One of the top tourist attractions in Edinburgh is the Edinburgh Gin distillery; launched in 2010, they take inspiration from the city’s boozy history – Leith was a key port in the 1700s, importing genever from The Netherlands. Despite the long history, they are very forward thinking. They teamed up with Heriot-Watt University to access the students of the Brewing and Distilling MSc which was a world first. Since launch, they’ve built up quite the repertoire under head distiller David Watkinson. Their flagship gin features fourteen botanicals, including some slightly more unusual ingredients like pine buds, cobnuts and lemongrass, and is juniper forward with hints of citrus. There is also a large range of flavoured gins – both real gins and properly labelled liqueurs. Today though we are trying their Seaside edition. This was the first collaboration with the students on Heriot-Watt’s MSc course and features coastal botanicals scurvy grass, ground ivy and bladderwrack. They balance the salinity with spice, using coriander, grains of paradise and cardamom. They recommend this as a bright G&T, or in a martini where they ramp up the saltiness to garnish with olive and anchovy.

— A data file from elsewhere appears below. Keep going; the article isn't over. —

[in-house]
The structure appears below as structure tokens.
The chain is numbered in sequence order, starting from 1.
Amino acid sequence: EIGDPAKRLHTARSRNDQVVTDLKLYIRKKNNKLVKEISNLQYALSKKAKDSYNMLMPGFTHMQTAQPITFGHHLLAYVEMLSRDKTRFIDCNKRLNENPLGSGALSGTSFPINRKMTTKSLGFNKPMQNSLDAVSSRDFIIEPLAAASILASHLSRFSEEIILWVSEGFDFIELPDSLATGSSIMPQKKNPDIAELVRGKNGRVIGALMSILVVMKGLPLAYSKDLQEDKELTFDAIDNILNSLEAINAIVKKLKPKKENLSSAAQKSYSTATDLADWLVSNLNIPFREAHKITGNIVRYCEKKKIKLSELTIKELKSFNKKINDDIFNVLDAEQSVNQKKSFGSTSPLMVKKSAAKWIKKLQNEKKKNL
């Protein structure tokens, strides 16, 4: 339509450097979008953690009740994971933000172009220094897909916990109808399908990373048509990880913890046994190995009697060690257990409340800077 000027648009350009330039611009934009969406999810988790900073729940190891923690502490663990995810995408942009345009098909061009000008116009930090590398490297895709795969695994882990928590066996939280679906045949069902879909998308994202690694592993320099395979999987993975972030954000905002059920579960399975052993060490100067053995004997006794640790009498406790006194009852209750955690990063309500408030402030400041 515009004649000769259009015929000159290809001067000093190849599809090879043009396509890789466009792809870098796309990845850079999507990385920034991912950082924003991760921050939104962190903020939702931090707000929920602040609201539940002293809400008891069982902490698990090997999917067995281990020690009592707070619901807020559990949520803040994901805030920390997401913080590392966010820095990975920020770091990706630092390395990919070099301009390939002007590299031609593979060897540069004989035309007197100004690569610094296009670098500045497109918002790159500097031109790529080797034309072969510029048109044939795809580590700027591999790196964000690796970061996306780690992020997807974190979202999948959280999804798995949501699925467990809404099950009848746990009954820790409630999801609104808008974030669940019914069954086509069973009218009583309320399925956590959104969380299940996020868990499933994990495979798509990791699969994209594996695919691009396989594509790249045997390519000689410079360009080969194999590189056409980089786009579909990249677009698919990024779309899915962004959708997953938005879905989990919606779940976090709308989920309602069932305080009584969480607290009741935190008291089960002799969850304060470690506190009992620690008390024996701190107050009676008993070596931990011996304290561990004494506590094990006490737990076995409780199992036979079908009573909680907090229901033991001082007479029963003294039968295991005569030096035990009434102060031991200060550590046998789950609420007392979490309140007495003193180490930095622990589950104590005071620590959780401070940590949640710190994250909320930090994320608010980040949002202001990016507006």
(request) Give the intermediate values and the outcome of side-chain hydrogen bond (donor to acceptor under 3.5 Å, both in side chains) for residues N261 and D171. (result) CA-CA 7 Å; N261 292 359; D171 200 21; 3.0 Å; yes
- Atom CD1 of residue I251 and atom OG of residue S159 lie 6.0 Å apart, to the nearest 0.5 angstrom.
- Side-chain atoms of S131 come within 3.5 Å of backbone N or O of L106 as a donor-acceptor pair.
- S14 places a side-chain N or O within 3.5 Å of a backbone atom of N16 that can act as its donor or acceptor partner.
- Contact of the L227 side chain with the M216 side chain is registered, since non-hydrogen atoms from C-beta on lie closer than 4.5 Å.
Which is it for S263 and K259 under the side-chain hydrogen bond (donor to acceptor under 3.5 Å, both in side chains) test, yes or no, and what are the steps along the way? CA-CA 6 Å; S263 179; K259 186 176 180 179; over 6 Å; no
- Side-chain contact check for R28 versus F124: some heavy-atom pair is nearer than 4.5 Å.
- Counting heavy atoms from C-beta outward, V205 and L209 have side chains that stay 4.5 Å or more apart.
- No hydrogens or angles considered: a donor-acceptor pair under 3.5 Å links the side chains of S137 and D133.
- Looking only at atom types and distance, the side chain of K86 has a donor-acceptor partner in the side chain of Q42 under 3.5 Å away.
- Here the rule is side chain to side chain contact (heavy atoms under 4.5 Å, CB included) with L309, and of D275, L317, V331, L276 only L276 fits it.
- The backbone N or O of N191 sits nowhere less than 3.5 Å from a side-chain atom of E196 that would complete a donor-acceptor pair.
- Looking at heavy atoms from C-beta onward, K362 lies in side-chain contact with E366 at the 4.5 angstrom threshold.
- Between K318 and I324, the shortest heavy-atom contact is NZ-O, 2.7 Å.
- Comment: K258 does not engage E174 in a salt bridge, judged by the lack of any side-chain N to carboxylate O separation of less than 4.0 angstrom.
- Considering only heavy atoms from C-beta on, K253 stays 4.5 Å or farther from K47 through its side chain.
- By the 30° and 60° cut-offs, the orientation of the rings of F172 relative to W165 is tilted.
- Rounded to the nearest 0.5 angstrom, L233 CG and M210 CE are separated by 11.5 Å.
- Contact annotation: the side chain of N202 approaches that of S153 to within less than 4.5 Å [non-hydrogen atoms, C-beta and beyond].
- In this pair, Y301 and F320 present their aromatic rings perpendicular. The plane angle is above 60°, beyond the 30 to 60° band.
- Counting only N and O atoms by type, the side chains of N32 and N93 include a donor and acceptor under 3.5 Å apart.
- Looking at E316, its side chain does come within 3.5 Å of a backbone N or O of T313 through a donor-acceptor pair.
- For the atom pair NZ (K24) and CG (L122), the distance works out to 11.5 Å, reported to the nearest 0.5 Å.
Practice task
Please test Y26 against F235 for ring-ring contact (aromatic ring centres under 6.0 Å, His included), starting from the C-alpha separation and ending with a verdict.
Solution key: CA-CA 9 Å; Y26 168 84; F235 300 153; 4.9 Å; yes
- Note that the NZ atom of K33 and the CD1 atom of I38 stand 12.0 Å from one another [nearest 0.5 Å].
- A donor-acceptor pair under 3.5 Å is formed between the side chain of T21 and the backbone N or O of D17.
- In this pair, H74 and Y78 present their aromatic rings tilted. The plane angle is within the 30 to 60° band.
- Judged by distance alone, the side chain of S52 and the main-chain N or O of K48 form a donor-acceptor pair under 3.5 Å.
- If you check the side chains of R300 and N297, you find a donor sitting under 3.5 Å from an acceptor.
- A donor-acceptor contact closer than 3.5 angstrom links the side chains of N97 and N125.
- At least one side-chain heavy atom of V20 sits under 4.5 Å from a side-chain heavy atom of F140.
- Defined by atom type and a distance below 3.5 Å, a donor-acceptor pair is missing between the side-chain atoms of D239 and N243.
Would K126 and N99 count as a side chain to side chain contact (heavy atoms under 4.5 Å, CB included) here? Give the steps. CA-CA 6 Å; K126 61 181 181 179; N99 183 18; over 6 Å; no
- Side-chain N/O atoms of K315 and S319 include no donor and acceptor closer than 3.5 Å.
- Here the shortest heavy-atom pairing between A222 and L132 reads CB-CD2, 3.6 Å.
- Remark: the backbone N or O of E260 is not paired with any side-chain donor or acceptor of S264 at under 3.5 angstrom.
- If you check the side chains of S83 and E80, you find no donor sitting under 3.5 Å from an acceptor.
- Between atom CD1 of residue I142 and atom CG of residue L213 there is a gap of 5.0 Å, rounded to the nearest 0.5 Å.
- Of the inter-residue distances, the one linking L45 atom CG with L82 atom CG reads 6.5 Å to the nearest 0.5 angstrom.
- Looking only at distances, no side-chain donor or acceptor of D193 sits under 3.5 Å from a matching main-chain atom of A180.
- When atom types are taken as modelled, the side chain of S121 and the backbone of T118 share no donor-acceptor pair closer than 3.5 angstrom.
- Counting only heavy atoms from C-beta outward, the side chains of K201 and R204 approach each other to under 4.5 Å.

Opening my bottle and you do get a whiff of the seaside, like a fresh walk on a windy day. In the glass the pine from the juniper comes out and some gentle citrus, nothing smacks you straight in the face. On the tongue it’s bright; you can pick up more of the spiced notes than the savoury tones. The spice is very warm, slight curried notes from the cardamom before a more punchy heat comes in for a long and slow finish. After sipping this a while, the seawater sensation starts to drift back in around the edges.
Mixed with equal parts Fever Tree light tonic and it tastes like your usual G&T on first sip, then on your second visit you get more appearing. Hints of spice at first, then the salt washes in, like a wave on the shore. Honestly, I expected the salinity to come through more, it’s definitely noticeable at the end but it’s not the main feature.
For some pre-dinner fun I mixed 40ml of the gin with 20ml of Dolin dry vermouth, and it manages to taste like a dirty martini with none of the faff of adding olive brine. The seaside botanicals really enhance the olive flavour. For me, this gin makes a fairly standard G&T but makes for a cracking martini. They have a recipe on their website for a take on a negroni using equal parts gin, Suze and Campari (no vermouth), grapefruit bitters and garnished with sea salt and rosemary which sounds DELICIOUS.